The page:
Cleaning the Dude Database

So as installs of the Dude v4beta are aging they are experiencing some database issues. This is due to a 2gig limit of the SQL version embedded with the Dude. So, if your dude database is crashing, complaining about being full, or just plain running slow it may be time for a cleaning. You can easily verify this by looking in the dude/data and at the “dude” db file. If this is around 2 gig it’s time for a cleaning.

To start you will need SQLLite for your version of Windows. These are available from Simply get the precompiled binary for your OS. For ease of sake Put your SQLite3 .exe in the same director as your dude database. This makes commands much simpler.

Follow these steps to clean the database:

1. Stop Dude service
Make sure to kill the dude process. Simply closing out of it does not fix. I had to go into task manager and end “dude.exe”
2. Dump DB to text with SQLite. (echo .dump | sqlite3.exe dude.db > dude.sql)
3. Rename dude.db, delete any dude.db-journal and dude.viw files. Something like dude.db.old
4. Start Dude service, this should create a new, blank dude.db
5. Stop Dude service
6. Open the dude.sql you created in step 2. Delete everything from dude.sql except for the lines that say INSERT INTO “objs” (including the lines that create the tables and indexes and stuff, just the INSERT INTO “objs” lines should be left)
7. Open dude.db with SQLite and delete everything from the objs table (DELETE FROM objs;)
8. Read old objs values into new DB (.read dude.sql)
9. Start Dude service

20,000 records took me a few hours to read back in. Just let it run. If you are curious on progress have the window open with the dude.db file. You should see the size of it growing during the read process.

Syncinjectors and PMP450i

This was posted to the AFMUG mailing list from Forrest at Packetflux. Applies to folks with PMP450i and SyncInjectors.

We have recently become aware of a potential issue when using a SyncInjector with a PMP450i. The short version of this issue is that with certain cable runs (mostly longer ones), a PMP450i will refuse to accept the sync from the SyncInjector as valid, even though the pulse is perfectly valid and should be accepted by the PMP450i.

Currently, there are two ways this can be fixed. Since the pulse is valid, but just not recognized as valid by the currently shipping PMP450i firmware, Cambium could fix this in software. I believe they are currently investigating this as an issue, and I honestly expect them to release a fix assuming it isn’t a major issue to do so. If this happens, it should address all of the existing SyncInjectors in the field which our customers may want to use in the future with a a PMP450i.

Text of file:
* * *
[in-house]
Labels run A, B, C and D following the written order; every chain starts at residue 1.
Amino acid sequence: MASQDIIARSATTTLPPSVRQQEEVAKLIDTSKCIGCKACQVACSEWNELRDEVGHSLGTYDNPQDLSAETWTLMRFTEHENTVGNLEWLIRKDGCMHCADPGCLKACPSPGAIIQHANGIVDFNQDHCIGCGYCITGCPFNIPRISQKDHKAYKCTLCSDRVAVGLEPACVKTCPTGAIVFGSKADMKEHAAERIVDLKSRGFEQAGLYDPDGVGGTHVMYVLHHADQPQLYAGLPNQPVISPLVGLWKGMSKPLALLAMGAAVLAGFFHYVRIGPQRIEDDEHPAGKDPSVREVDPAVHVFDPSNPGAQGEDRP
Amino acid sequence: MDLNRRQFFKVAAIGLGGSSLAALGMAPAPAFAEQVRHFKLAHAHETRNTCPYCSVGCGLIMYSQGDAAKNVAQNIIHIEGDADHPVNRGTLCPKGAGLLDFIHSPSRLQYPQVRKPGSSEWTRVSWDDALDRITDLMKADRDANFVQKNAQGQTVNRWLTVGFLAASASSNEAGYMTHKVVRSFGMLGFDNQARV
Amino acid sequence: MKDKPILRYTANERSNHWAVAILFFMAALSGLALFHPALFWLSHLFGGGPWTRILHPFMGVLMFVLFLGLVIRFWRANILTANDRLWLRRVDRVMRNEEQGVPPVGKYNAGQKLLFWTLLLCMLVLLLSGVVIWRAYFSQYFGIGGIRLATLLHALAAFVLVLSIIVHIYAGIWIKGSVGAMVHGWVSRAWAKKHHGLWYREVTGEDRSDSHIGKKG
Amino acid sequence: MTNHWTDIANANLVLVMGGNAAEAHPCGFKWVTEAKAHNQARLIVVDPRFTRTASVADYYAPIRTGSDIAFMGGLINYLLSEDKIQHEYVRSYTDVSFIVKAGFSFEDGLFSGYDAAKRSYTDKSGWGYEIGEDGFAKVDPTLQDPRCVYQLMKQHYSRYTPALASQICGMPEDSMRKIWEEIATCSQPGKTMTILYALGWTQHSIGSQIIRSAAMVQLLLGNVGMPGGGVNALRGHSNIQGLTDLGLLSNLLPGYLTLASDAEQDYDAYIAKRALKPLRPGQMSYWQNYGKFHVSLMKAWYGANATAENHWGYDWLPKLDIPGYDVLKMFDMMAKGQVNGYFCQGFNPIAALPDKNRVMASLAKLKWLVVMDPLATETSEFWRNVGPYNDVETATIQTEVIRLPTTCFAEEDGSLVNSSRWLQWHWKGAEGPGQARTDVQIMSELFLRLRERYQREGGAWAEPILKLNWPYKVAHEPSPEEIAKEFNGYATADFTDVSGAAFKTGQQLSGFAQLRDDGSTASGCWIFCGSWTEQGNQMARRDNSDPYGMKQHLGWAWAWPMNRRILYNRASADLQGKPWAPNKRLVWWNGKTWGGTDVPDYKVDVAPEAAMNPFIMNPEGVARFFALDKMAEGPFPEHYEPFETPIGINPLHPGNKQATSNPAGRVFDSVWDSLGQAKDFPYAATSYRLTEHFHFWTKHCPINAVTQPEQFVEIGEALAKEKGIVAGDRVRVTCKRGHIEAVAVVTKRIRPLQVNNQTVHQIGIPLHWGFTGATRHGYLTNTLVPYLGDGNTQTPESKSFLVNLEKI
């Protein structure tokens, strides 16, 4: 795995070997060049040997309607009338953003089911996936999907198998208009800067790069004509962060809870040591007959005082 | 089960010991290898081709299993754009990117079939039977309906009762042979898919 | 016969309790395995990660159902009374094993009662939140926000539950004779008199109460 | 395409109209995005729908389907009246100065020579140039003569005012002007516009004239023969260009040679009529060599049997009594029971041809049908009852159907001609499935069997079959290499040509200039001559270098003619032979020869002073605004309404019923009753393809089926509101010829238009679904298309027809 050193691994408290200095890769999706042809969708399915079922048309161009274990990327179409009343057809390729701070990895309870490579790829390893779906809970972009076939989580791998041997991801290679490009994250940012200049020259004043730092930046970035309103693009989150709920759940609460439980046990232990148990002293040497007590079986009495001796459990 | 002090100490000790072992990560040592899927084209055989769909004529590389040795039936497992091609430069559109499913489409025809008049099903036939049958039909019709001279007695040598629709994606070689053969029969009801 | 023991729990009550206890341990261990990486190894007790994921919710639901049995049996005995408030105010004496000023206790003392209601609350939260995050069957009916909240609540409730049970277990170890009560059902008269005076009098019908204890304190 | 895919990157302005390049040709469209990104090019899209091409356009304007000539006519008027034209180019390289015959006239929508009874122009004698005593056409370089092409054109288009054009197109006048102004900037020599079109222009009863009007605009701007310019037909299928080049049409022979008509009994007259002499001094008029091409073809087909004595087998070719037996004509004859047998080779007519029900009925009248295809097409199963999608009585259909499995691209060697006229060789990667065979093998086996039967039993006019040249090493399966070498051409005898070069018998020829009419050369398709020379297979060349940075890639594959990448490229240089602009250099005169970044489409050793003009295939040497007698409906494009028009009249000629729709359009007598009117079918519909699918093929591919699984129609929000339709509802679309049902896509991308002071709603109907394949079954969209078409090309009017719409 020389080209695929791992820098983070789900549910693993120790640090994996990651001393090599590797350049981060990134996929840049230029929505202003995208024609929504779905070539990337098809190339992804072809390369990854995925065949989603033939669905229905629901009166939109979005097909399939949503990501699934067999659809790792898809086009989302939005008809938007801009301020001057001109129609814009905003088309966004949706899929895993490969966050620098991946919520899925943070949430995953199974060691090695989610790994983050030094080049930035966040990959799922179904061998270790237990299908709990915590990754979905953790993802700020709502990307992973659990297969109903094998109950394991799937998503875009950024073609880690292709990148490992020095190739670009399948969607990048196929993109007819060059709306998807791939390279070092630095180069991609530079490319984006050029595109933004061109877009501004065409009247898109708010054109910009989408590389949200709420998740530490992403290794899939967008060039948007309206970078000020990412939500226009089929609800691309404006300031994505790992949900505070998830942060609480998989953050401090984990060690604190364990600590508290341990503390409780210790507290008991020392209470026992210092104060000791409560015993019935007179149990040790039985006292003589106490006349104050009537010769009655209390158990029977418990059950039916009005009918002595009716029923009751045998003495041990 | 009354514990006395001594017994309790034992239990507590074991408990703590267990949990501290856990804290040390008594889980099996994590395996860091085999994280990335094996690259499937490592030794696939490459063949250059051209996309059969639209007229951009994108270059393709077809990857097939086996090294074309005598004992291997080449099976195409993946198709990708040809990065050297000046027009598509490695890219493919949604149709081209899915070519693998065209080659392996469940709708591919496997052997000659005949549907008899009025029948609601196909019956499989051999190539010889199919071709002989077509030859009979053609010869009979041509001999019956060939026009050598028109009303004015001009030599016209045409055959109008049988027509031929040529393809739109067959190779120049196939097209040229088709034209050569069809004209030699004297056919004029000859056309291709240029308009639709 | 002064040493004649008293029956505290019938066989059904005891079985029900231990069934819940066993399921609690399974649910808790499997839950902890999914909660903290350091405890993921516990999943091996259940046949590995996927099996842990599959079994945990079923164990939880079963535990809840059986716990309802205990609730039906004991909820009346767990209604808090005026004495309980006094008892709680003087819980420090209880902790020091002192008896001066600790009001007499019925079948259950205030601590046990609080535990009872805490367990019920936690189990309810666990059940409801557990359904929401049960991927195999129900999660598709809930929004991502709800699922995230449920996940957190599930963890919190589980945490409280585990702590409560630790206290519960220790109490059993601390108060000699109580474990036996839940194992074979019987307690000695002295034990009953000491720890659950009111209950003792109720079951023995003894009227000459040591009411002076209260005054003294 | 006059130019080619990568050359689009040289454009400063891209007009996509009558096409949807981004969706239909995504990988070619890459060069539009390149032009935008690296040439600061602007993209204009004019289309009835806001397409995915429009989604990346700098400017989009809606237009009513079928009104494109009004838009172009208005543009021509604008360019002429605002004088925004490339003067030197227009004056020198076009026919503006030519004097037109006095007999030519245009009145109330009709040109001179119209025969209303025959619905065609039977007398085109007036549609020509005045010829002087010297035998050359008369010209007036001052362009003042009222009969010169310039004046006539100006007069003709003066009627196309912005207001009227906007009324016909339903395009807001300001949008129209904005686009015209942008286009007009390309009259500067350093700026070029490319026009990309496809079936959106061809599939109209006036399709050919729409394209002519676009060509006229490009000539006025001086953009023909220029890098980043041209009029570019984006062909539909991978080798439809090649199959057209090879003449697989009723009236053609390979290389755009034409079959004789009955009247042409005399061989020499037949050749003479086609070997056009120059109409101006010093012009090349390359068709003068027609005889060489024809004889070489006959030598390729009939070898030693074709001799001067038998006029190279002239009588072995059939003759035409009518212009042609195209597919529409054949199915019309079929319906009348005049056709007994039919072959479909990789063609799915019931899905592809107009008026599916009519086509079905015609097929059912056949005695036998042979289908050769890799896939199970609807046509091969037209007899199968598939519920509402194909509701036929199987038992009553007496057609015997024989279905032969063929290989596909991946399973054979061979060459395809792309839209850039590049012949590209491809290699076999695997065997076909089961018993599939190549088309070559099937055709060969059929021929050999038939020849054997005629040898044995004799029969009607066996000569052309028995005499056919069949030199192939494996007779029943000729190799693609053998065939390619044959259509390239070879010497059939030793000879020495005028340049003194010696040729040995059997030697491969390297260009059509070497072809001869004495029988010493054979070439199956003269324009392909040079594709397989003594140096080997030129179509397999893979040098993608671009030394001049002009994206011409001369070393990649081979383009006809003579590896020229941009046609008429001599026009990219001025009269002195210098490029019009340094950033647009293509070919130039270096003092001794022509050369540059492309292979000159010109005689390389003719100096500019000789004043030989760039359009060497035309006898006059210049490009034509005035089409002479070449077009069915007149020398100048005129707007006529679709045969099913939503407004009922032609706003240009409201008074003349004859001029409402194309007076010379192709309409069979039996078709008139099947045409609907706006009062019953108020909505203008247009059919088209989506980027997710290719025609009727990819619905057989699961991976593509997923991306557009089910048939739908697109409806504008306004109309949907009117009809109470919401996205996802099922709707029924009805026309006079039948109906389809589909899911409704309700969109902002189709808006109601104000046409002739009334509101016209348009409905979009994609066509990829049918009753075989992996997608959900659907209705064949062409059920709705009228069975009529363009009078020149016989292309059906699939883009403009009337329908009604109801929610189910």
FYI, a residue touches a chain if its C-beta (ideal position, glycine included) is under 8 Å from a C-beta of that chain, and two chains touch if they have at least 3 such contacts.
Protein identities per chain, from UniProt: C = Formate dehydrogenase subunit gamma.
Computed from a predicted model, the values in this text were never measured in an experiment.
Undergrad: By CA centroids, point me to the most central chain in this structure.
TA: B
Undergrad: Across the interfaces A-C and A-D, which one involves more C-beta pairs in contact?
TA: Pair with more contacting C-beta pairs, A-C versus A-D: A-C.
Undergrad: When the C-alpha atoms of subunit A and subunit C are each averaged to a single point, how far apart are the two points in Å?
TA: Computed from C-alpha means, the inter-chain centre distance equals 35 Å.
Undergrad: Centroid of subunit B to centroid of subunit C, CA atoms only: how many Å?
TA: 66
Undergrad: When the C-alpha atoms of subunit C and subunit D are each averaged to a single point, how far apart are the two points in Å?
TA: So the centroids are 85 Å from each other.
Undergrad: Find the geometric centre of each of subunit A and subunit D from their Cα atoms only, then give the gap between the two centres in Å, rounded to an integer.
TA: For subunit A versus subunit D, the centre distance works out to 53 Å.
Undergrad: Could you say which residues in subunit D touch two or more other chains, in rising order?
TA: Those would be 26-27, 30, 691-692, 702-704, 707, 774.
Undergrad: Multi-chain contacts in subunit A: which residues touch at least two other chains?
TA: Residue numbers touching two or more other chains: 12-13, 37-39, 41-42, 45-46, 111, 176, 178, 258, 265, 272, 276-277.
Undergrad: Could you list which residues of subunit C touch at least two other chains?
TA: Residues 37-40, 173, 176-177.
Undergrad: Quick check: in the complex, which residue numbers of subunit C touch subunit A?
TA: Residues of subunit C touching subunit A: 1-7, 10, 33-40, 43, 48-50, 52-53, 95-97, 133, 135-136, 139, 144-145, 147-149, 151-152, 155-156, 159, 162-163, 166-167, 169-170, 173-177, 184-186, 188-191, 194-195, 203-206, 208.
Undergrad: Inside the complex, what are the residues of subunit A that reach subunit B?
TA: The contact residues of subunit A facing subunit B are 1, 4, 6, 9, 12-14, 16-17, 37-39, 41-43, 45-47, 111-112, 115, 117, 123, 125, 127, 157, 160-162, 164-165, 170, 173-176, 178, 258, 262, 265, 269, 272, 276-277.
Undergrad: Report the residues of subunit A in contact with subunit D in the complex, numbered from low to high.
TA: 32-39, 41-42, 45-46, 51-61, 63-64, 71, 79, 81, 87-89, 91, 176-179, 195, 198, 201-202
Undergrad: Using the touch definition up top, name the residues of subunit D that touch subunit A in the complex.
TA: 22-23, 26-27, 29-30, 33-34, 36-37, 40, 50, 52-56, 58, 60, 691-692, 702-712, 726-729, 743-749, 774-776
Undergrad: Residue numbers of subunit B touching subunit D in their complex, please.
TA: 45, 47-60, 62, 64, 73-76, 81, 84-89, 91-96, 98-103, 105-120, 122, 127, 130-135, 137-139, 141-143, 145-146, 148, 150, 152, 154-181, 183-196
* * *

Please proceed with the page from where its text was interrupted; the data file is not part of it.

The second way to fix this issue is for us to modify our sync pulse slightly so that it is in line with what the PMP450i is expecting. Because this modification has some additional benefits beyond better interoperability with the current PMP450i firmware (such as the modified pulse being less likely to induct noise into adjoining cables), we have decided to proceed down this path as well.

During the next week or so, we will begin shipping Revision I0 of our Gigabit SyncInjector Product. The first of these are currently working their way through our assembly line. This version contains improved support for voltages above 58V and also the waveform modification mentioned above. It should be functionally identical to the earlier Revision H0 SyncInjectors. It is not our intention to update our non-gigabit injectors at this time.

If you are currently having problems with sync over power on a Gigabit SyncInjector and a PMP450i, please send an email into and we will work with you to ensure you have hardware which will work with your hardware.

Mikrotik GPON